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Ectomycorrhizal and saprotrophic soil fungal biomass are driven by different factors and vary among broadleaf and coniferous temperate forests

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Schöning,  Ingo
Soil and Ecosystem Processes, Dr. M. Schrumpf, Department Biogeochemical Processes, Prof. S. E. Trumbore, Max Planck Institute for Biogeochemistry, Max Planck Society;

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Schrumpf,  Marion
Soil and Ecosystem Processes, Dr. M. Schrumpf, Department Biogeochemical Processes, Prof. S. E. Trumbore, Max Planck Institute for Biogeochemistry, Max Planck Society;
Soil Processes, Dr. Marion Schrumpf, Department Biogeochemical Integration, Dr. M. Reichstein, Max Planck Institute for Biogeochemistry, Max Planck Society;

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Citation

Awad, A., Majcherczyk, A., Schall, P., Schroeter, K., Schöning, I., Schrumpf, M., et al. (2019). Ectomycorrhizal and saprotrophic soil fungal biomass are driven by different factors and vary among broadleaf and coniferous temperate forests. Soil Biology and Biochemistry, 131, 9-18. doi:10.1016/j.soilbio.2018.12.014.


Cite as: https://hdl.handle.net/21.11116/0000-0003-2BAD-B
Abstract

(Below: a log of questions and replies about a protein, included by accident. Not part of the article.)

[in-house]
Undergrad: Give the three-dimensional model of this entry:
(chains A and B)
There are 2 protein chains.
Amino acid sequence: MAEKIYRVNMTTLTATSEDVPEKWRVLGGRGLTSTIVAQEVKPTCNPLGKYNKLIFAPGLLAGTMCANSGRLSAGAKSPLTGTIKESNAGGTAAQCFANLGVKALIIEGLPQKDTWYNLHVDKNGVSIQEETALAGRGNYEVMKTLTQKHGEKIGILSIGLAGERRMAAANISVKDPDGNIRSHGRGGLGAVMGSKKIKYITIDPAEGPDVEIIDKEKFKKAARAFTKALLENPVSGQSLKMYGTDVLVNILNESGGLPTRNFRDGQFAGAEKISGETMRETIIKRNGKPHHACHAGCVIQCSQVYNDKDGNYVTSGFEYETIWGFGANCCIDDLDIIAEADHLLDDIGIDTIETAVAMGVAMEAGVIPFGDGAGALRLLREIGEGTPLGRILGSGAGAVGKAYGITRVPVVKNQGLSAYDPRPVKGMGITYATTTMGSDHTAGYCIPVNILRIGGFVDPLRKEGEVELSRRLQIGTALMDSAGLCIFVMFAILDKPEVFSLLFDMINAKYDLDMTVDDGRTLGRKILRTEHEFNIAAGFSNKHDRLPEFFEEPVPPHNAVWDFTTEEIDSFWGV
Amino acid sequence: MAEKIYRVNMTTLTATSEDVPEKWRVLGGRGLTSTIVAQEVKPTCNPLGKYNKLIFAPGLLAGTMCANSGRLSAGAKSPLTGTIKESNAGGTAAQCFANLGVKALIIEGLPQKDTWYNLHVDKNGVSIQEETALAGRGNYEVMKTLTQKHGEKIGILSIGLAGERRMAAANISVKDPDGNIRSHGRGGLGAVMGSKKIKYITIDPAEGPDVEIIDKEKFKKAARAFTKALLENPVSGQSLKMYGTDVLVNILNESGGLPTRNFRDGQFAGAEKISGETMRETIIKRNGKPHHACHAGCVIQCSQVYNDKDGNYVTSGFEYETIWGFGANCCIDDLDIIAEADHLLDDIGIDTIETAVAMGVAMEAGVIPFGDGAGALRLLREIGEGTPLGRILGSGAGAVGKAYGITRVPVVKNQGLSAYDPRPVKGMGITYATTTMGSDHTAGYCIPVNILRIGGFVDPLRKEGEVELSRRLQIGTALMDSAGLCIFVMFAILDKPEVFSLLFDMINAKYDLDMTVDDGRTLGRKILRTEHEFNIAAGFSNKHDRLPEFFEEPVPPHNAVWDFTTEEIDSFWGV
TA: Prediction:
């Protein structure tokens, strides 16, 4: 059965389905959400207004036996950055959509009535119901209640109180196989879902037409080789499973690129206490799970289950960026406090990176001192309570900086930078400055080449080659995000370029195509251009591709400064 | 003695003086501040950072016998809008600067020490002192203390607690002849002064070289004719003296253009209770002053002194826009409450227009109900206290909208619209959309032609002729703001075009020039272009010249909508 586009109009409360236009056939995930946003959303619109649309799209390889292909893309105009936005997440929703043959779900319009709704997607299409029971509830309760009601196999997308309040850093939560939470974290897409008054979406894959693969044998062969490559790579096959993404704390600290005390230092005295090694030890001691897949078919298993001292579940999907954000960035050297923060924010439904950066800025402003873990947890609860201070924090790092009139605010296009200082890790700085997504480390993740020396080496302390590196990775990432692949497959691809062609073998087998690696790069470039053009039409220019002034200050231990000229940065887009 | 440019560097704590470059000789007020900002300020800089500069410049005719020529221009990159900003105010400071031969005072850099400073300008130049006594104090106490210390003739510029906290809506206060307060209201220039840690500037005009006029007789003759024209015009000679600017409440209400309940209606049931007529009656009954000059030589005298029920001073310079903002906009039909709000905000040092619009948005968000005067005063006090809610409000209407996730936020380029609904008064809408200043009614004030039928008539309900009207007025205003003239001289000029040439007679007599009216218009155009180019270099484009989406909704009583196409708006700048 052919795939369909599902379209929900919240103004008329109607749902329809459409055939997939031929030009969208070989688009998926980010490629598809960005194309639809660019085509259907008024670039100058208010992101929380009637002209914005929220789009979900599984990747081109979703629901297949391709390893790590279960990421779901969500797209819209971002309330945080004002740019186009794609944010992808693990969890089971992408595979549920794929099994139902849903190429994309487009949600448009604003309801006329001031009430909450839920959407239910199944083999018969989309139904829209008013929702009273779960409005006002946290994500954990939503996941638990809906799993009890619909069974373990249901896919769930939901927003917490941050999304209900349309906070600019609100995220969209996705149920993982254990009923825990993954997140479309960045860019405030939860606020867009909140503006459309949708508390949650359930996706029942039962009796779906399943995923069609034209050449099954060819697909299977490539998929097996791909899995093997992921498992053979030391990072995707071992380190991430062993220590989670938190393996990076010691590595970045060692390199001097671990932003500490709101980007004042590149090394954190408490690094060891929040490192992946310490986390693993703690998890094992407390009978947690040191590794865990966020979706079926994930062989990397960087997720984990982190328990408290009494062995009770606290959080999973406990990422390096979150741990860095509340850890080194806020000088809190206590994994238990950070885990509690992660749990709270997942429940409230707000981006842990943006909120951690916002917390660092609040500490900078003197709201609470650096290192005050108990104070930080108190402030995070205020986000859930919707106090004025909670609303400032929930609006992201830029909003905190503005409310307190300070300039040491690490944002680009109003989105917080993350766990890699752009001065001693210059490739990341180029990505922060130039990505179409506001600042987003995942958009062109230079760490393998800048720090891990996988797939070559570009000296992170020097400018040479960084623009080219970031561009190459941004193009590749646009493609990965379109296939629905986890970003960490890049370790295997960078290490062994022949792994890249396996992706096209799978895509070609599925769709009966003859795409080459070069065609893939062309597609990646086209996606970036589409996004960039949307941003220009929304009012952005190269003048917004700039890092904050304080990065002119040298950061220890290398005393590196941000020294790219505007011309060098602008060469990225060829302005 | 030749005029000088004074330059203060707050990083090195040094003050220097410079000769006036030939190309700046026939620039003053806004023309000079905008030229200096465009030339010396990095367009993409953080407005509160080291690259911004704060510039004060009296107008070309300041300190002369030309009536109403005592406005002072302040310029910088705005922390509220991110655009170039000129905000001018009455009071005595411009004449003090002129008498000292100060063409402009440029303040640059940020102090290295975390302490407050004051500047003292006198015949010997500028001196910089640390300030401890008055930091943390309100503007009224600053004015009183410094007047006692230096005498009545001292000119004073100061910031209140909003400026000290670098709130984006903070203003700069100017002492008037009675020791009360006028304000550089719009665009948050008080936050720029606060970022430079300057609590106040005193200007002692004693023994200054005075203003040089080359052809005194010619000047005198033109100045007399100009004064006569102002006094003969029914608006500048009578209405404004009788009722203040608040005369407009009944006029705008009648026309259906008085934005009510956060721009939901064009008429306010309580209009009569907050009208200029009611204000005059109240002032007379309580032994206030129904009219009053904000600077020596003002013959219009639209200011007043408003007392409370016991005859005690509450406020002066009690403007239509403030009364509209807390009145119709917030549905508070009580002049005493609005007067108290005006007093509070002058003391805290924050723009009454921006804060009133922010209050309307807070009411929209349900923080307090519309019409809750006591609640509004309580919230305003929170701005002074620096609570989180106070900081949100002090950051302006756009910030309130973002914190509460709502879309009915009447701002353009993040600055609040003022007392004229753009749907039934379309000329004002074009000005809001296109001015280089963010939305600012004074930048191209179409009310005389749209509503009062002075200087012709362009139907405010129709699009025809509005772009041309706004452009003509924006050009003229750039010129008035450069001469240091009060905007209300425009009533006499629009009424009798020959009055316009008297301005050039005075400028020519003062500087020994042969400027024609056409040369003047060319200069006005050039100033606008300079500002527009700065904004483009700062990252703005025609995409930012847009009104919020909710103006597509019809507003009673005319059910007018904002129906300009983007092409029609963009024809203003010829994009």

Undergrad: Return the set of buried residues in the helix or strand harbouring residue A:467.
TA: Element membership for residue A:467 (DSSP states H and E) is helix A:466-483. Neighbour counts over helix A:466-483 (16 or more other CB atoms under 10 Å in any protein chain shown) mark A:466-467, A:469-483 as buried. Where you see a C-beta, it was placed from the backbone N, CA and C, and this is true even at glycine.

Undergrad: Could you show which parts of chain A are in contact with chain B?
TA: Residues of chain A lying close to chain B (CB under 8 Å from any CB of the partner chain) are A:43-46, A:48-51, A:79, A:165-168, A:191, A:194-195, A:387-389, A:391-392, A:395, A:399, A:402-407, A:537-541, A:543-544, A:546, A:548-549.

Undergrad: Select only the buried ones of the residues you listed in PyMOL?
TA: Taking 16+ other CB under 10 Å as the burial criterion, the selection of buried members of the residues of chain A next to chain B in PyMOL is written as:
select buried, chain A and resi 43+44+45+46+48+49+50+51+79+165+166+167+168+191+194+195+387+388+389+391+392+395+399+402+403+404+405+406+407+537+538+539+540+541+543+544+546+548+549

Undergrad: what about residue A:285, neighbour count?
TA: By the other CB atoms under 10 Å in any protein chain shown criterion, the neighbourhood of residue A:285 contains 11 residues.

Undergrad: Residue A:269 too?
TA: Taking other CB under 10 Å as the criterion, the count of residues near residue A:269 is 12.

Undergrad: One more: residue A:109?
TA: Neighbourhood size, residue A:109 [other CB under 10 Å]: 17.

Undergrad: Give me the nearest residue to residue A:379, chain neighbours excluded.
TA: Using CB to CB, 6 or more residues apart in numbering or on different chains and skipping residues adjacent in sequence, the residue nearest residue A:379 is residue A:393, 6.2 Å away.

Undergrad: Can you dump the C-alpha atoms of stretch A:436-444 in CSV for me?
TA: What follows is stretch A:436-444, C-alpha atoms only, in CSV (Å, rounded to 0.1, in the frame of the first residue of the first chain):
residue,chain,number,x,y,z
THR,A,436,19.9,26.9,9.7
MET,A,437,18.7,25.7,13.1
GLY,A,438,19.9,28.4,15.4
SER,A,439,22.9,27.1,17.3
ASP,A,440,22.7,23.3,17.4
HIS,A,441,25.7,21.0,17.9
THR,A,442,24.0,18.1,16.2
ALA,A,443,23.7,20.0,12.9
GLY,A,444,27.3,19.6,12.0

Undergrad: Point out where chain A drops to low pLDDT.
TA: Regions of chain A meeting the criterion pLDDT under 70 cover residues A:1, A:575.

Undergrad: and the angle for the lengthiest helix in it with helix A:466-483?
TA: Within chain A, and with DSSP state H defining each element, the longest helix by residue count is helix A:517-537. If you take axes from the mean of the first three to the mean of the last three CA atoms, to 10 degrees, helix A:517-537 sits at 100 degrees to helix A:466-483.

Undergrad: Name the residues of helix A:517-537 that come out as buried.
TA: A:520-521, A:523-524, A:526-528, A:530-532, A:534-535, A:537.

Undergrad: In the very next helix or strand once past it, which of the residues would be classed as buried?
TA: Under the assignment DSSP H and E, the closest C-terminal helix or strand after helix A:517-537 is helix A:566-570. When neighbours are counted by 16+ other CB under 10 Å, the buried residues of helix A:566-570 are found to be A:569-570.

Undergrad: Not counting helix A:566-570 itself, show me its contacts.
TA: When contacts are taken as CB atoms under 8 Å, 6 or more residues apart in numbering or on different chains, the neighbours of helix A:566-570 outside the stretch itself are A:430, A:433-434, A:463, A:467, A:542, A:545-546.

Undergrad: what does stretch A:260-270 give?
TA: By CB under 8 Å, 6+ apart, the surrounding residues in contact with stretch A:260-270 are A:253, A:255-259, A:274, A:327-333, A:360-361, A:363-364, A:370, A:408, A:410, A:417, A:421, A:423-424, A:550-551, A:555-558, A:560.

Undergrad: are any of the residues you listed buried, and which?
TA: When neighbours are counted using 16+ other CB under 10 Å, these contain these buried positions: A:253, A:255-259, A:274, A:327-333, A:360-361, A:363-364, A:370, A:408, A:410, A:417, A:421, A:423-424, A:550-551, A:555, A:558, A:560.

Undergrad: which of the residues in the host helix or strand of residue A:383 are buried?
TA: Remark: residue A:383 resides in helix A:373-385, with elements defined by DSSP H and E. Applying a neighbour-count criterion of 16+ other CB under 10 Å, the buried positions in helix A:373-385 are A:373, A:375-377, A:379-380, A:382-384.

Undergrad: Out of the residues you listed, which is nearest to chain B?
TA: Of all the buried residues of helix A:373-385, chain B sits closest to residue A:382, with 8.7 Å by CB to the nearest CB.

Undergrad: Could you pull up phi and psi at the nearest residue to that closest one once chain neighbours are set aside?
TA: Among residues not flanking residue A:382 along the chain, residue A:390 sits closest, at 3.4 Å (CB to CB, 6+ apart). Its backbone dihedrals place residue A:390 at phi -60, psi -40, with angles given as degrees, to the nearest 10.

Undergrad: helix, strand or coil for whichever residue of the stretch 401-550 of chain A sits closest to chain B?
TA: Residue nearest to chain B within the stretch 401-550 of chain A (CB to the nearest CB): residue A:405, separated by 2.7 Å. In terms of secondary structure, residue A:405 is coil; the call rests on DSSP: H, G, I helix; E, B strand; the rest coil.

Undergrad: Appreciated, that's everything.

Functionally, ectomycorrhizal (ECM) and saprotrophic (SAP) fungi belong to different guilds, and they play contrasting roles in forest ecosystem C-cycling. SAP fungi acquire C by degrading the soil organic material, which precipitates massive CO2 release, whereas, as plant symbionts, ECM fungi receive C from plants representing a channel of recently assimilated C to the soil. In this study, we aim to measure the amounts and identify the drivers of ECM and SAP fungal biomass in temperate forest topsoil. To this end, we measured ECM and SAP fungal biomass in mineral topsoils (0–12 cm depth) of different forest types (pure European beech, pure conifers, and mixed European beech with other broadleaf trees or conifers) in a range of about 800 km across Germany; moreover, we conducted multi-model inference analyses using variables for forest and vegetation, nutritive resources from soil and roots, and soil conditions as potential drivers of fungal biomass. Total fungal biomass ranged from 2.4 ± 0.3 mg g−1 (soil dry weight) in pure European beech to 5.2 ± 0.8 mg g−1 in pure conifer forests. Forest type, particularly the conifer presence, had a strong effect on SAP biomass, which ranged from a mean value of 1.5 ± 0.1 mg g−1 in broadleaf to 3.3 ± 0.6 mg g−1 in conifer forests. The European beech forests had the lowest ECM fungal biomass (1.1 ± 0.3 mg g−1), but in mixtures with other broadleaf species, ECM biomass had the highest value (2.3 ± 0.2 mg g−1) among other forest types. Resources from soil and roots such as N and C concentrations or C:N ratios were the most influential variables for both SAP and ECM biomass. Furthermore, SAP biomass were driven by factors related to forest structure and vegetation, whereas ECM biomass was mainly influenced by factors related to soil conditions, such as soil temperature, moisture, and pH. Our results show that we need to consider a complex of factors differentially affecting biomass of soil fungal functional groups and highlight the potential of forest management to control forest C-storage and the consequences of changes in soil fungal biomass.